Hello Friends! Thanks so much for stopping by and visiting my blog, Stock Picks Bob's Advice! As always, please remember that I am an amateur investor, so please remember to consult with your professional investment advisers prior to making any investment decisions based on information on this website.
I had another nice letter from Eric N. who apparently also has dabbled in The Eastern Company (EML), but this time in reality, and not a virtual or simulated portfolio, and is also incurring some losses on this investment. Eric writes:
EML hit -8.42% for me. I missed the sale on this at the -8% mark before the end of the trading day.
I was wondering, if you were in a situation like this and you missed the -8% sale point and the stock opened above the -8% level, would you sell at the open of the next day or hold on to it until it hit the -8% level again?
I know you are very disciplined and you have a series of rules that you follow, but would this be a situation for a judgment call depending on the relative strength of the company based on the research?
This makes me think of MTOX. It fell to below -8% and you sold it off. When you sold it you said something like, 'I don't understand why it fell 8%, the company is doing so well.' It is now at +41.47% since you posted the company (+49.47 since you sold the stock).
And finally, what made you decide to use an 8% (opposed to 7% or 6%) drop in price to be the signal for you to sell all and not look back?
Thanks for your thoughts.
P.S. I enjoyed reading your blog when you talked about some of the things that you were up to in your personal life."
First of all, thank you so much for writing. As you can see there is nothing magical about any of the stocks that I write up. Overall, I think they will do great long-term, but then again, each one is likely to respond to multiple influences, especially the overall market tone which has been recently anything but encouraging.
What should you do if you miss a sale point? That certainly is up to you and as your MTOX example demonstrates, you may well come to a different conclusion than I do, and you may end up making a better decision as well. Since personally I do all of this manually, as it sounds you do as well, I have also missed sale points both on the upside and the downside. If the stock recovers before I get a chance to sell or find out about the drop, then I do not sell the stock at all. However, if the stock is still in a sell-range, then I do what I am supposed to do, which is to sell the stock either on the upside or the downside depending on what the price change is.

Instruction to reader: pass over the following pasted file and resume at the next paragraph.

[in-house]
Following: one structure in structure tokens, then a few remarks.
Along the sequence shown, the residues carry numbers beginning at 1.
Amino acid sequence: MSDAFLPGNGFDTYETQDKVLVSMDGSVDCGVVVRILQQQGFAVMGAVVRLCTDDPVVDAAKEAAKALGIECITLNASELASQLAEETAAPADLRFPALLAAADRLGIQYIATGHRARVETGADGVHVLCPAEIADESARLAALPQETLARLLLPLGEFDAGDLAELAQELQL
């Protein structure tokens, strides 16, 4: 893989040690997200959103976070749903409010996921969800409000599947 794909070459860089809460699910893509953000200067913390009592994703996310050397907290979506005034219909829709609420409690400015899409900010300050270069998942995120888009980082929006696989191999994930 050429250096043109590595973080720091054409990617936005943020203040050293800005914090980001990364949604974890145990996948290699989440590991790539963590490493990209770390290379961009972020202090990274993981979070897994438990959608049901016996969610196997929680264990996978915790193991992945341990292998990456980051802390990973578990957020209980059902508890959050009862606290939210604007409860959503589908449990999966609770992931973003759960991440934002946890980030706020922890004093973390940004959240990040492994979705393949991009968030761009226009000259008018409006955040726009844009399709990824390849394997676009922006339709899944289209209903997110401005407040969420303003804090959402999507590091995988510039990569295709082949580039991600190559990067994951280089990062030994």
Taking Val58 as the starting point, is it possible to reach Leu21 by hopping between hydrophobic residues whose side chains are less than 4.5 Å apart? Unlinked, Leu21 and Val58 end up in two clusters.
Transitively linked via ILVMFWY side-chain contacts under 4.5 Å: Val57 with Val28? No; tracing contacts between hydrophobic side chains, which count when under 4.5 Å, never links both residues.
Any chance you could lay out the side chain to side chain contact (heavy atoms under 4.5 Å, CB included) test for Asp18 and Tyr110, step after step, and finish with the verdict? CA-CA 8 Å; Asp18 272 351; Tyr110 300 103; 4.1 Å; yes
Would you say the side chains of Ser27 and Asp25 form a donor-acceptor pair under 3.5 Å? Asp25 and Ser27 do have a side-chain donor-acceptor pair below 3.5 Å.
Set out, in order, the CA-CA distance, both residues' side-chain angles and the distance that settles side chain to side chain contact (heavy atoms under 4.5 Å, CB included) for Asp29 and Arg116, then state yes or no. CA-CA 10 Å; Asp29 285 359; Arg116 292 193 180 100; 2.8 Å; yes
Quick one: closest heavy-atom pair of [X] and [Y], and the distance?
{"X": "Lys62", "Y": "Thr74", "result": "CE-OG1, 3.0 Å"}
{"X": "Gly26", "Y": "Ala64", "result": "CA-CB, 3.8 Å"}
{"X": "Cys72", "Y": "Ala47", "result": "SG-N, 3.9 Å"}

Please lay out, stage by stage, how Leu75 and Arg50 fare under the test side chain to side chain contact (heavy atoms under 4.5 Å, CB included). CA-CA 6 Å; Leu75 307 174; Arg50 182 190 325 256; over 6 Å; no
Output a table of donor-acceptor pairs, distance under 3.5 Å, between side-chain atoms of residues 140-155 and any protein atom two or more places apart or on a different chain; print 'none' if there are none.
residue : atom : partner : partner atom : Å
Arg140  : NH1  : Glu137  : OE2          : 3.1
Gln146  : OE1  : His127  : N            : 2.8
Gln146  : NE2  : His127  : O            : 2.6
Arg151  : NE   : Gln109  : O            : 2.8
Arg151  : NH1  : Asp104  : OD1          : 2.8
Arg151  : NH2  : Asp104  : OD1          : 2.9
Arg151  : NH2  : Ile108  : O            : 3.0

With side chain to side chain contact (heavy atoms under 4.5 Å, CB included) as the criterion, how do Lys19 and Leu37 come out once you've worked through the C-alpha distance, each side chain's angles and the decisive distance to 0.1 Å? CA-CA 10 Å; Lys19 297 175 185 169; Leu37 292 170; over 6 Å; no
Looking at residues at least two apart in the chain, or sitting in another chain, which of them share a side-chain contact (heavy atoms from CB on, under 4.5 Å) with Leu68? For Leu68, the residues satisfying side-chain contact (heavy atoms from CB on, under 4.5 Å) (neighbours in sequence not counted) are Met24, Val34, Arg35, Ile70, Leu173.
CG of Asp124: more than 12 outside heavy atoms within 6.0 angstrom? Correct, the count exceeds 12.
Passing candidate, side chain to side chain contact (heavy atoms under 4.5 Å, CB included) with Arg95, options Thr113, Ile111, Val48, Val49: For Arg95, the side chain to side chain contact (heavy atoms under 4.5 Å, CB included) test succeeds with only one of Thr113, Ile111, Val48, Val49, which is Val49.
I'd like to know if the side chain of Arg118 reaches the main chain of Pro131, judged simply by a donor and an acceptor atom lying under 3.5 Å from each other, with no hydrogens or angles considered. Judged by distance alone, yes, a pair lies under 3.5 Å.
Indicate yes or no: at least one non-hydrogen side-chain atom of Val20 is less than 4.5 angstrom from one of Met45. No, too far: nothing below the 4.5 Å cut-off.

You asked about the 8% loss level. That particular level is adopted from the CANSLIM technique that I have commented on elsewhere popularized by William O'Neil of the Investor's Business Daily.
As the IBD website states:
"The first rule is sell any stock that falls 8% below your purchase price. Why 8%? Because research shows stocks showing all the right fundamental and technical factors in place and bought at precisely the proper buy point (which is explained fully in the "Using Stock Charts To Round Out Stock Selection" lesson of the stock buying course) rarely will retreat 8%. If they do, there's something wrong with them."
Thus this rule isn't something I created. I have borrowed this one from one of the brightest minds in the investing world. I accepted that I needed to place a limit to my losses somewhere, and the 8% loss seemed reasonable to me.
You may choose to have a 10% or a 12% loss limit. It doesn't matter. Whatever you do, stick to your rules that you establish. If you are a value investor and don't want any rules about stock price declines, then don't have rules. But decide ahead of time what your own particular trading parameters are. Write them down if you need to. You can even start a blog :). But whatever it is, stick to it.
Let me know how everything works out. The market is at best choppy and my own investments are getting tossed and turned. In fact, my MLAB stock was at a (7.99)% loss, and I was waiting for a .01% decline to unload my position today only to have the stock rally from that level to close above the sale point. So it is always hard to predict stock price movements from day to day.
Thanks for your kind comments on my personal commentary. I enjoy sharing with all of my readers some personal experiences and things going on in my life. I suspect most of my readers are more interested in the stocks but then again, it helps knowing people are just people no matter how or what they blog. :).